Did Bidens’ ATF Nominee Chipman Lose His Duty Gun Or Not? What are They Hiding?

The lost gun allegation against ATF nominee David Chipman just won’t go away.

WASHINTON, DC – -(AmmoLand.com)- As the Senate Judiciary Committee prepares to vote up or down on the nomination of David Chipman to head the federal Bureau of Alcohol, Tobacco, Firearms, and Explosives (ATF), there is a nagging question that just doesn’t seem to go away.

While he was an ATF agent, did David Chipman lose his duty firearm?

The Federalist raised the question earlier this month, and on Monday, the National Rifle Association brought up the allegation again. Chipman has denied this happened, and The Federalist story noted “Chipman wrote in his testimony a negative to the question, but leadership at the American Accountability Foundation told The Federalist the nominee’s former supervisors and peers at ATF remember Chipman getting his gun stolen.”

Theft or loss of a firearm by someone in law enforcement is not without precedent. In December 2004, former Seattle Police Chief Gil Kerlikowske’s pistol, a 9mm Glock pistol, was stolen from his parked department vehicle in downtown Seattle. There is no indication the pistol was ever recovered, even after the Citizens Committee for the Right to Keep and Bear Arms offered a reward for the gun and the arrest and conviction of the thief.

But the Chipman controversy is growing a life of its own. As noted by Fox News back on June 9th, 2021, “Four GOP senators — Tom Cotton of Arkansas, Ted Cruz of Texas, Mike Lee of Utah, and Judiciary ranking member Chuck Grassley of Iowa all had the same question for the retired ATF agent — did he ever misplace or have his firearm stolen?”

And that brings the story back around to Monday’s NRA statement, which says in part:

“We have no idea whether the allegation of a lost firearm is true. It’s certainly plausible. And while we strongly support the adage of “innocent until proven guilty,” that doesn’t mean ignore investigating something simply because the accused denies it ever happened.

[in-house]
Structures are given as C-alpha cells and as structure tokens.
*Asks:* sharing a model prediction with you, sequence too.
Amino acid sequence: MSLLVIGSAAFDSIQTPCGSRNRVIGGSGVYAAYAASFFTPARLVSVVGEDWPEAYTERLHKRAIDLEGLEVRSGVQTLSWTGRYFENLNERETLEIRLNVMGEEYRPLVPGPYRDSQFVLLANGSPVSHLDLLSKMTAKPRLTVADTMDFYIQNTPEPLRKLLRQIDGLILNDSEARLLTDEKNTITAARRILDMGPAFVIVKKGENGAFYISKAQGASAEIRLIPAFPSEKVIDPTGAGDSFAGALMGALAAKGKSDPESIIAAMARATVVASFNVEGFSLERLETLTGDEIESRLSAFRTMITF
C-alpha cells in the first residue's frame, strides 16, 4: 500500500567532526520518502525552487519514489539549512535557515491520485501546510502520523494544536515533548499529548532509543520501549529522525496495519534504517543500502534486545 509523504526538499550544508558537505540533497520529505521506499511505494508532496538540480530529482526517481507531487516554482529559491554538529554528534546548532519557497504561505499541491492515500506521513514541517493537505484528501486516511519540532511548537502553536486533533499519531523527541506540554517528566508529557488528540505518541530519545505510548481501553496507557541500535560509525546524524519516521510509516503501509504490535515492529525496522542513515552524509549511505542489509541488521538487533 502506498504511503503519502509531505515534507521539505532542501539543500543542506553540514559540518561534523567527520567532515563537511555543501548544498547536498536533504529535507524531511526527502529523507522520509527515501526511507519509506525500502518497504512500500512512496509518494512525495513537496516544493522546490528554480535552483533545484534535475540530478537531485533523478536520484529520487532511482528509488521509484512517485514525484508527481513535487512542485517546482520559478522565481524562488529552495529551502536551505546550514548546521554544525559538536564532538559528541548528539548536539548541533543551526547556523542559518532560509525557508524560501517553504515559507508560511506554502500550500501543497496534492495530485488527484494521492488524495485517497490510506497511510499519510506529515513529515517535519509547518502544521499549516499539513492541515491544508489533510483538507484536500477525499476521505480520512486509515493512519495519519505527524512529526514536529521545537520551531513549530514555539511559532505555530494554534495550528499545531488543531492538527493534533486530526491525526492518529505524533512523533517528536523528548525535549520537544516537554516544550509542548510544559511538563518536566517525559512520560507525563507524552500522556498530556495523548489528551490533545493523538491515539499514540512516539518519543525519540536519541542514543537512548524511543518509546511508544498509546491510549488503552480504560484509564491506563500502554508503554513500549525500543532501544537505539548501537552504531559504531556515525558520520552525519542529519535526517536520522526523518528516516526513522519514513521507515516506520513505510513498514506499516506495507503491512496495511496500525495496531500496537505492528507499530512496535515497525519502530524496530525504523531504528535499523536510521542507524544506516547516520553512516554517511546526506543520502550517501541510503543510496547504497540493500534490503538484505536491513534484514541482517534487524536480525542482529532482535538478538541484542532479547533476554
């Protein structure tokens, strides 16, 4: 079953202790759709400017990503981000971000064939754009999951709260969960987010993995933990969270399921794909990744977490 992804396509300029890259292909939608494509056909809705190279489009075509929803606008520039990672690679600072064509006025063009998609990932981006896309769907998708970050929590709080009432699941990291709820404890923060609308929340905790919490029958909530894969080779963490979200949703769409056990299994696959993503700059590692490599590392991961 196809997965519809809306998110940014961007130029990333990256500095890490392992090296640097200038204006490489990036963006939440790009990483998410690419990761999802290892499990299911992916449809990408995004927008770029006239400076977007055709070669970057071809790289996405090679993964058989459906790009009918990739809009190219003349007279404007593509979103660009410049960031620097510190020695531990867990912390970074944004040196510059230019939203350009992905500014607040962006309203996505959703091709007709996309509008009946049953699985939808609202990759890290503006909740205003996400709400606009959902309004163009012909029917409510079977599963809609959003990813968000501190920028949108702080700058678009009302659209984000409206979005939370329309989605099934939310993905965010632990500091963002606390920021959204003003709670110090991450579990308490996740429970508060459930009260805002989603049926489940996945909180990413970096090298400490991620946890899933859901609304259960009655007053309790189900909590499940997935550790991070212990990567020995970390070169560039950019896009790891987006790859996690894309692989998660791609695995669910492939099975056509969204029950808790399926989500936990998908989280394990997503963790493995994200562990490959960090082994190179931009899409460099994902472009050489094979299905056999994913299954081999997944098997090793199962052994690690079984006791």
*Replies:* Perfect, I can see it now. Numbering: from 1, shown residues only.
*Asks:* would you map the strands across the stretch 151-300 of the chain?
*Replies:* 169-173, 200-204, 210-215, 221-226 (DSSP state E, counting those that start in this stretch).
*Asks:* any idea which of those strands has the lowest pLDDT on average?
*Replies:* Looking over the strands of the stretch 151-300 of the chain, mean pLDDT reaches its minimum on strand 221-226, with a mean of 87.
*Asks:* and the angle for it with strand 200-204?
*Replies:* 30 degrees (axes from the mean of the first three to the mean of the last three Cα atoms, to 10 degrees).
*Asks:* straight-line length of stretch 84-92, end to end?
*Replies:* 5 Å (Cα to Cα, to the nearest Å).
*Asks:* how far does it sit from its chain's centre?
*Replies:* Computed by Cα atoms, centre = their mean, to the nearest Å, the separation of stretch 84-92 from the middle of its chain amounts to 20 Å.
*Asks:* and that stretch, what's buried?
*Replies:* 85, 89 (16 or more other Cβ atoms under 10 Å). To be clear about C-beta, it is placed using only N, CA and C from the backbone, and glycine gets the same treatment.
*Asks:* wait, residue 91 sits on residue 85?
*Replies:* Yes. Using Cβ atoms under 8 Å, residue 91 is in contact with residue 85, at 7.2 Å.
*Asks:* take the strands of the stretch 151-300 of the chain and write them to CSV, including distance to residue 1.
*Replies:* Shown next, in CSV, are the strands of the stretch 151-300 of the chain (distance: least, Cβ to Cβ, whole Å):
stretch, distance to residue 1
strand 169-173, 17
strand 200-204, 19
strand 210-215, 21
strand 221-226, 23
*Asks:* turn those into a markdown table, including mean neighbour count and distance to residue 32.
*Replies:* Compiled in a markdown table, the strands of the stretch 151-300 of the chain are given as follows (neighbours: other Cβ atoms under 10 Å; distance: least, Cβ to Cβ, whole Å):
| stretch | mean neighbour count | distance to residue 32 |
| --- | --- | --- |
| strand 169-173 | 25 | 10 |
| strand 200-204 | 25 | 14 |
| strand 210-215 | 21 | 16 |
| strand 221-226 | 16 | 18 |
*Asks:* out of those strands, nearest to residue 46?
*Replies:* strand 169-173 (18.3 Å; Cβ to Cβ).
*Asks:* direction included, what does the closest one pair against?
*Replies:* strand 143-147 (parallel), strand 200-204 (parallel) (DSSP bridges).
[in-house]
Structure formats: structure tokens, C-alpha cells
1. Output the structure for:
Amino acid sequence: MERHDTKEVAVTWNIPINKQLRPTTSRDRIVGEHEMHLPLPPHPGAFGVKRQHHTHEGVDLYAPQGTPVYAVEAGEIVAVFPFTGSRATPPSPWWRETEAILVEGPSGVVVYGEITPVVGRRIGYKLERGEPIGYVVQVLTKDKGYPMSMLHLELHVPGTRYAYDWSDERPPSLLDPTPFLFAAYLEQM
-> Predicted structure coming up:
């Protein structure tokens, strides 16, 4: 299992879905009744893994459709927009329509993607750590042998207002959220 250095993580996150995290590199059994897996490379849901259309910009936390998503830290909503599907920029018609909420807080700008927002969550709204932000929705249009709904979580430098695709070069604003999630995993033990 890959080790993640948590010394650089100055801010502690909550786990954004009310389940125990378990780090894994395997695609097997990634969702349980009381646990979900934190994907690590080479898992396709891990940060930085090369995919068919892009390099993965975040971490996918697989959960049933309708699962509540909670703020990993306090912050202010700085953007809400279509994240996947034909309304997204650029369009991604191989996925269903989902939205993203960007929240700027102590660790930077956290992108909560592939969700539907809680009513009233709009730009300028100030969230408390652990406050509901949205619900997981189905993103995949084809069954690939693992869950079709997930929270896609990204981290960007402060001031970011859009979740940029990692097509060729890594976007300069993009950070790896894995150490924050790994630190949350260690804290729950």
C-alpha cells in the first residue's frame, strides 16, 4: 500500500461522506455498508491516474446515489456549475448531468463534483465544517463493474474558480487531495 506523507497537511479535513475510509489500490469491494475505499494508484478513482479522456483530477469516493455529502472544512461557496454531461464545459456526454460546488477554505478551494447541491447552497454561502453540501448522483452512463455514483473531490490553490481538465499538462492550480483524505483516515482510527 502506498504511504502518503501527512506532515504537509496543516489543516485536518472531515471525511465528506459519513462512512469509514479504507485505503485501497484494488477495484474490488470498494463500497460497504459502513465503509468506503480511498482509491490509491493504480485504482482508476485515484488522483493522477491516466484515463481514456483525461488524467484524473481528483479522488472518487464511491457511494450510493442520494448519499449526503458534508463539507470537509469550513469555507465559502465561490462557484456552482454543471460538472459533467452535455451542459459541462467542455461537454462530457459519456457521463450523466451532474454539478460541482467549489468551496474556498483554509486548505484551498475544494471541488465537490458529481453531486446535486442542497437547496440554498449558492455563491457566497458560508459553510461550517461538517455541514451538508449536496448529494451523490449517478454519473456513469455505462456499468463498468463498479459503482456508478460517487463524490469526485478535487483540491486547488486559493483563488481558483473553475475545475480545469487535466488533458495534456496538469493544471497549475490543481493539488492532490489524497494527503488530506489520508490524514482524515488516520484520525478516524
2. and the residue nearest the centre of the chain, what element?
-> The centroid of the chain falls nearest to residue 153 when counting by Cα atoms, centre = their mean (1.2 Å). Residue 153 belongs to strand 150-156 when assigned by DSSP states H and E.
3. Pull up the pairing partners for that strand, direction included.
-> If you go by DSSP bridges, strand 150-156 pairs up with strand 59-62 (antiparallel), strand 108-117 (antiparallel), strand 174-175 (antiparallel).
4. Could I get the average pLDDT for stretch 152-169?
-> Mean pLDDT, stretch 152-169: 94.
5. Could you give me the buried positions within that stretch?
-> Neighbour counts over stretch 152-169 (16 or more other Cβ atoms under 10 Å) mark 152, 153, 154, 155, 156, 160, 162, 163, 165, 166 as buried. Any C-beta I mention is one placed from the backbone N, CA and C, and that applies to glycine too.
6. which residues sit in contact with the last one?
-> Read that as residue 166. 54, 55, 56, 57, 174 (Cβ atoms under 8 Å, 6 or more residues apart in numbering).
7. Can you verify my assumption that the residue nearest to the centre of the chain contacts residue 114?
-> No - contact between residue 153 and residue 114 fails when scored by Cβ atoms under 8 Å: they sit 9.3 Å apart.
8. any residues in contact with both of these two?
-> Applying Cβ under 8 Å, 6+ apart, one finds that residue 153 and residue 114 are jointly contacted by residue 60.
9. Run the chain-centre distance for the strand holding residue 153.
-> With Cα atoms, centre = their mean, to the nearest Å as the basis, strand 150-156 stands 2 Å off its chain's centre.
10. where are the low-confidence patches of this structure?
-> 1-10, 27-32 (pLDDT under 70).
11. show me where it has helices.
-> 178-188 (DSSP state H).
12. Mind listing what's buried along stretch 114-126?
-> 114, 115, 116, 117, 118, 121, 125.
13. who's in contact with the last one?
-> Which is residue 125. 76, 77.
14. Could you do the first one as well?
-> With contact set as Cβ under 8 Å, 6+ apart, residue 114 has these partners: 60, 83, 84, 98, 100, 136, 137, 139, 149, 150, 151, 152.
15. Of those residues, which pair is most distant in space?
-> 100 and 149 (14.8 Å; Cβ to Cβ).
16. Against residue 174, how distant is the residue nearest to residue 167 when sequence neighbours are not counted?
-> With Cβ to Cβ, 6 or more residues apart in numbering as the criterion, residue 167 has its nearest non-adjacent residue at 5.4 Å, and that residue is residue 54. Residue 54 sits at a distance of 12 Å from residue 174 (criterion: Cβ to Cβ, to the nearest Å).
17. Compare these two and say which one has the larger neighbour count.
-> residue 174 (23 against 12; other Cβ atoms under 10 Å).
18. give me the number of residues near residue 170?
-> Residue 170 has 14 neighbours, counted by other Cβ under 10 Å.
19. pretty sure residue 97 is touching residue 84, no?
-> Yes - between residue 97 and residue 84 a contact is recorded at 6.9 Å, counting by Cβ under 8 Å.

“And, when it comes to Chipman, we’ve seen him say and write things that are demonstrably false in order to promote the anti-gun agenda. So maybe this issue does deserve more scrutiny, rather than just relying on the word of a man desperate to take charge of an agency that could be abused to fulfill all of his personal anti-gun goals.”

Back on June 10, when the Federalist looked at the allegation, it reported, “The ATF said it completed a check and noted, ‘There is no record of any of Mr. Chipman’s weapons being lost or stolen.’”

The article also stated, “Chipman refused the Senate’s request to provide his personnel file, which raises questions on this matter and what else he is hiding.”

If there was a gun loss, according to one source, it would be mentioned either in the personnel file or in a professional review file.

While the ATF check referred to by The Federalist might have been enough to deflate the story under most circumstances, the lost gun allegation is still alive and kicking. How it might play in the confirmation process remains to be seen, but it has raised a serious question about the nominee that needs, as NRA put it, “more scrutiny.”

Late last month, according to an earlier article in The Federalist, House Minority Whip Steve Scalise (R-LA) and Congressman Byron Donalds of Florida contended Chipman shouldn’t get the appointment.

The article quotes Scalise observing, “During his confirmation hearing, Mr. Chipman demonstrated an alarming ignorance of the very guns he wants to ban, and showed a clear anti-gun bias, both of which are disqualifying attributes for the important position of ATF director. Sadly, this is not the first Biden administration nominee who lacks a basic comprehension of the agency they have been nominated to oversee.”

Chipman’s nomination is so volatile because he has spent the past few years working as an advisor to leading gun-control organizations.

He has been a senior advisor to the Giffords gun prohibition lobby, and some suggest his nomination is a form of patronage by Joe Biden for the support given to his election campaign last year.

Alan Gottlieb, chairman of the grassroots Citizens Committee for the Right to Keep and Bear Arms, made that clear in a statement last month.

“Chipman’s nomination has the appearance of political patronage to an organization that steadfastly supports the president’s gun control agenda,” Gottlieb said at the time. “Out of all the potential candidates to lead the agency, Joe Biden has picked the one individual whose nomination was guaranteed to ignite a political firestorm. At this point, it is fair to question why the president has done this. It looks like the president wants to put the gun prohibition lobby in charge of firearms regulation and enforcement.”

Perhaps the NRA summed it up best when it observed;

“If Chipman would provide his personnel file, that should offer definitive clarification regarding this issue. After all, if he wishes to be head of the federal agency ostensibly in charge of policing our national gun laws, shouldn’t he make sure there are absolutely no questions regarding his ability to police his own firearms? But, as the article from The Federalist alleges, he won’t release his file.”

RELATED: Judiciary Delays Chipman Vote; 2A Activists Flood Capitol Switchboards

About Dave Workman

Dave Workman is a senior editor at TheGunMag.com and Liberty Park Press, author of multiple books on the Right to Keep & Bear Arms, and formerly an NRA-certified firearms instructor.

Dave Workman

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